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Profit at Fidelity rockets 20% in 2005

Revenue also up amid so-so year in markets

Profit at Fidelity Investments rose 20 percent to $1.3 billion in 2005, the company said in its annual report released yesterday, its second-highest net income figure ever.

Fidelity also said total revenue rose 10 percent to $11.1 billion last year, a near record. The figures reflected growth in assets and commissions from trades, said chief executive Edward C. Johnson III in a question-and-answer the company published with the annual report.

The figures were striking considering the middling performance of major stock market indices last year, showing the company's strong franchise as a money manager remains intact and that its aggressive moves into new business areas such as employer services are paying off. In 2000, at the height of the bull market, the company posted record profits of more than $2 billion.

Fidelity's brokerage division, which oversees accounts that allow individuals to buy and sell securities, posted especially strong growth. The division added 2.3 million new accounts in 2005, for a total of 16.6 million, and its assets under administration rose 23 percent to $1.4 trillion. To gain market share, the company's brokerage business cut online fees, eliminated its annual brokerage fee, and reduced index fund expenses.

Last year was dramatic for Fidelity. Johnson's daughter and potential successor, Abigail P. Johnson, was moved out of her job running the company's mutual funds and given responsibility to run its growing employer-services unit. Several high-profile fund managers were shifted to new responsibilities, the head of its flagship Magellan fund was replaced, and the company faced a government investigation related to its trading activities.

But now there are signs some of the changes are paying off. Fidelity mutual funds beat 70 percent of competitors, the company said, citing Lipper Inc. data, up from 59 percent in 2004.

Johnson said one disappointment in 2005 was that Fidelity failed to attract much new money into the funds it actively manages. Net new money flowing into Fidelity's managed funds totaled $17.4 billion, down 46 percent from 2004.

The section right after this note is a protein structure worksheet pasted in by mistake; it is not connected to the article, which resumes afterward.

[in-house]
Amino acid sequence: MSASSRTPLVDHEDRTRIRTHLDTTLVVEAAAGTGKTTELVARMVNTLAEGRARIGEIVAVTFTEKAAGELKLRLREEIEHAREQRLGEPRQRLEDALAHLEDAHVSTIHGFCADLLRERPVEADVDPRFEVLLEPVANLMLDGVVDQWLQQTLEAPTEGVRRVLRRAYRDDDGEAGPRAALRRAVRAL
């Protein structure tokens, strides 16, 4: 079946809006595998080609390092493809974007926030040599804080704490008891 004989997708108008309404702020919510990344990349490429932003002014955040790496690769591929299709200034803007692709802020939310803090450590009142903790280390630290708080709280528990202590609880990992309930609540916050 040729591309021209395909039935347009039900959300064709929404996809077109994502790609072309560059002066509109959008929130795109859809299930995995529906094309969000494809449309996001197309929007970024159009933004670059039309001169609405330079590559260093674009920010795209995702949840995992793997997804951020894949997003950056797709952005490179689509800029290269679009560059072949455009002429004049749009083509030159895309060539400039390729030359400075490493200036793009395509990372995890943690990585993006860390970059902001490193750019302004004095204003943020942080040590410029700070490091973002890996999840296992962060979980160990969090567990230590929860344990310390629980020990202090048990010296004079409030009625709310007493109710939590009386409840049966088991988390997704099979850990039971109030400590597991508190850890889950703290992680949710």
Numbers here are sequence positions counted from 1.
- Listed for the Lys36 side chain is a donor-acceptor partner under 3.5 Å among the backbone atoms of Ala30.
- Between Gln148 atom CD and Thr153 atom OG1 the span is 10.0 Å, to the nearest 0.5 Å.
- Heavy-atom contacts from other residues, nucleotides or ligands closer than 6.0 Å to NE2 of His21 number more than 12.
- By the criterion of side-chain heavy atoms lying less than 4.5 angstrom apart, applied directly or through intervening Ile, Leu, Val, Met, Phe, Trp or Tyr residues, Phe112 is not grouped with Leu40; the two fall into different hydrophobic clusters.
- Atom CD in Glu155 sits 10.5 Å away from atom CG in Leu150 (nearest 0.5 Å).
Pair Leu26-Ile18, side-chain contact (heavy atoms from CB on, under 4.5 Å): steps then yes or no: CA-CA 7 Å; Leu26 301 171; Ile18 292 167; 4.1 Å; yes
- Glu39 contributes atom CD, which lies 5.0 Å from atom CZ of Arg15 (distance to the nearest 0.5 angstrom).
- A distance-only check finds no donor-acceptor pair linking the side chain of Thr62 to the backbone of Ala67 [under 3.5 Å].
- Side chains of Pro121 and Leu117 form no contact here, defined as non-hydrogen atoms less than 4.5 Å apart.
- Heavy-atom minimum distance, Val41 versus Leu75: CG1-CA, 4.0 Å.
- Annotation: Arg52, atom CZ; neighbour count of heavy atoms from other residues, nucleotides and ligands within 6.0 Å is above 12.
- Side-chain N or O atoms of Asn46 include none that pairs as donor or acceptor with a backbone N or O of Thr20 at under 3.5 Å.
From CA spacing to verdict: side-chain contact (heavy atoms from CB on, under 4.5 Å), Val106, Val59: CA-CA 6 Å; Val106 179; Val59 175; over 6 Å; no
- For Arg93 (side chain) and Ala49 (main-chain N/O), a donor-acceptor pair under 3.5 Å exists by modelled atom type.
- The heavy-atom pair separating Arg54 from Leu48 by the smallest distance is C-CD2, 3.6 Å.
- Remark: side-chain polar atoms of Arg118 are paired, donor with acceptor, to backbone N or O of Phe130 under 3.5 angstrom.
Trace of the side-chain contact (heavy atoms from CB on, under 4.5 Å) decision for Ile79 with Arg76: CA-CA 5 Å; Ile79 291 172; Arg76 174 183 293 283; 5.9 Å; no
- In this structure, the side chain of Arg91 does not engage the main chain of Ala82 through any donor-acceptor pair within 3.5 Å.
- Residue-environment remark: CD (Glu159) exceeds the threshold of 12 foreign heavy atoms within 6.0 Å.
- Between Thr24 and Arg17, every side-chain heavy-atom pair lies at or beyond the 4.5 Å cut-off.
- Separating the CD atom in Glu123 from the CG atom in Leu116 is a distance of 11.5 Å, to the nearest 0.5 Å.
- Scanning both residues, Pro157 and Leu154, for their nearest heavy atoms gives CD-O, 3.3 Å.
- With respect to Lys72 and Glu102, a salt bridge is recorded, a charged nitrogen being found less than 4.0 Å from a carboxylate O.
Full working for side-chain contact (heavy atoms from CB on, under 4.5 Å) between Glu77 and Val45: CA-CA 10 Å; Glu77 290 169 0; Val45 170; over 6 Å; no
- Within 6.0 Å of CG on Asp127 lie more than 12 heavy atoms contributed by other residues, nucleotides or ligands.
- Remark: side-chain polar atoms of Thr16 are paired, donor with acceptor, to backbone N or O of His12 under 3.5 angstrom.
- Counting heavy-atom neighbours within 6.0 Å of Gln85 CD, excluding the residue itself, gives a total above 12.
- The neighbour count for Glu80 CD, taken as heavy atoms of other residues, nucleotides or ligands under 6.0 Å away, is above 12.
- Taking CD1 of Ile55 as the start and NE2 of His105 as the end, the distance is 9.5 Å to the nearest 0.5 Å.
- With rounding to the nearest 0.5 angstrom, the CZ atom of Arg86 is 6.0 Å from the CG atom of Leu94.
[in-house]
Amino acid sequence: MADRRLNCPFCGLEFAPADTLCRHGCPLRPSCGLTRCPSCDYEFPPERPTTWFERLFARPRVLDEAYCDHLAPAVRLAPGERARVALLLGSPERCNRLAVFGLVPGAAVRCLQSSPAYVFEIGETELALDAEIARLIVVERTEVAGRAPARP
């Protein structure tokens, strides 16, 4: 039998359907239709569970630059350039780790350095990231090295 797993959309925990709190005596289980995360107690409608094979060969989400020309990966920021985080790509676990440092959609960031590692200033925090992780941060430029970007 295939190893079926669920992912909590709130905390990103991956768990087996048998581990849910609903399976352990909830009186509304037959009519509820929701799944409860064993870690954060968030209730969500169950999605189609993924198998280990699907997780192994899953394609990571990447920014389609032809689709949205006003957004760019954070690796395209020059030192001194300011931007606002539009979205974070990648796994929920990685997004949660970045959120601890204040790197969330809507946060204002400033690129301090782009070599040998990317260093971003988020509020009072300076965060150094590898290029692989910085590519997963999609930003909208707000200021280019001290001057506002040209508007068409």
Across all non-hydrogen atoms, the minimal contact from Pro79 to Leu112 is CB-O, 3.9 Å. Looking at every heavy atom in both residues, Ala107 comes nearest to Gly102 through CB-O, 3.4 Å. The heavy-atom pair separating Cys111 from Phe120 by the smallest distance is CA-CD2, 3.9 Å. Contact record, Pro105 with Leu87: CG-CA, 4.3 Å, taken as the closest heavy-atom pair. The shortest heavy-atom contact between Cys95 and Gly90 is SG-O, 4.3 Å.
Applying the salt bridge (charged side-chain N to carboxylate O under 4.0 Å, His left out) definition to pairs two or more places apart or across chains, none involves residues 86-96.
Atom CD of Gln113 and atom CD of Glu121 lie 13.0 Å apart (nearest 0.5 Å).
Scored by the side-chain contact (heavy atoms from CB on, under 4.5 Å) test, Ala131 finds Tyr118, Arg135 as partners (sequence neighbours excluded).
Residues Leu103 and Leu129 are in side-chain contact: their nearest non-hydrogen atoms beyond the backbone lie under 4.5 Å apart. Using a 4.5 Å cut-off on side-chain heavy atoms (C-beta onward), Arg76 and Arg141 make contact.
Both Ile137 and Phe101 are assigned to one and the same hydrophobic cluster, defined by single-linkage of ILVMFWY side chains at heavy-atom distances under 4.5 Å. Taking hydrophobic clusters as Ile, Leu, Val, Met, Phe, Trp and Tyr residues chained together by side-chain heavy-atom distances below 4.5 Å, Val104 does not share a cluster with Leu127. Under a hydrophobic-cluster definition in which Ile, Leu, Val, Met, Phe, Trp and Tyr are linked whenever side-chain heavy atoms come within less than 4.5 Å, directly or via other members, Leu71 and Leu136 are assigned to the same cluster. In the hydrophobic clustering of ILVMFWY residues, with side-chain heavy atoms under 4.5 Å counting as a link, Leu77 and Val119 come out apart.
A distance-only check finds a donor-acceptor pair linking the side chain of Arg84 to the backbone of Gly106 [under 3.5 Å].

Johnson also said the company's expenses reached a record level, ''driven by head-count growth." Fidelity had about 37,000 employees at the end of last year, a net increase of 4,358 and the largest increase since 2000. Fidelity said it had 2,400 job openings at the end of 2005, a sign of more growth to come.

Spending was ''driven by the need to improve current service, take advantage of new technology, and build many parts of our organization to take care of growing assets and increasing numbers of customers," Johnson said.

About 12,800 Fidelity employees now work in the Bay State, but Fidelity said in January it plans to move up to 1,500 of those jobs elsewhere, citing factors including tax breaks in Rhode Island. Yesterday's report noted employment growth at locations far from headquarters, including a site in North Carolina with 1,000 workers and one in Bangalore, India, that now employs 2,764.

''This year, we need to focus even more sharply on the economics of our business," wrote Fidelity chief financial officer Clare S. Richer in the report.

Investment newsletter editor John Bonnanzio said Fidelity is looking to reduce its head count in Boston's expensive real estate market, and to use the savings to further reduce the amount shareholders are charged to invest in their funds. Fidelity moved its bond-fund managers to Merrimack, N.H., and the group continued to perform strongly, outperforming 77 percent of its peers for the year ended Dec. 31.

''If Fidelity decides to put its equity-fund managers in Timbuktu and they continue to deliver, the CEO of GE or whoever will continue to beat a path to Fidelity's door to make sure their story gets told," Bonnanzio said.

One area where spending increased was at Fidelity's Management & Research Co., its main mutual fund unit, which Fidelity reorganized midyear. ''It was absolutely essential to change the organizational structure in order to accommodate present and long-term growth," Johnson said. The unit his daughter now heads, employer services, saw total administered assets rise 11 percent.

Addressing the company's long-term strategy, Fidelity chief operating officer Robert L. Reynolds wrote that one goal is ''To own retirement -- from planning to investing to managing lifetime income." In addition to its current efforts, he hinted at Fidelity retail retirement products to roll out this year.

Fidelity's assets under management, or the total value of the money it controls, rose to $1.2 trillion from $1.1 trillion in 2004 and $990 billion in 2003. The company said its total revenue figures were adjusted to include only operating revenue, not money earned from investments. Last year's investment revenue totaled $554.7 million, Fidelity said.

Ross Kerber can be reached at kerber@globe.com.

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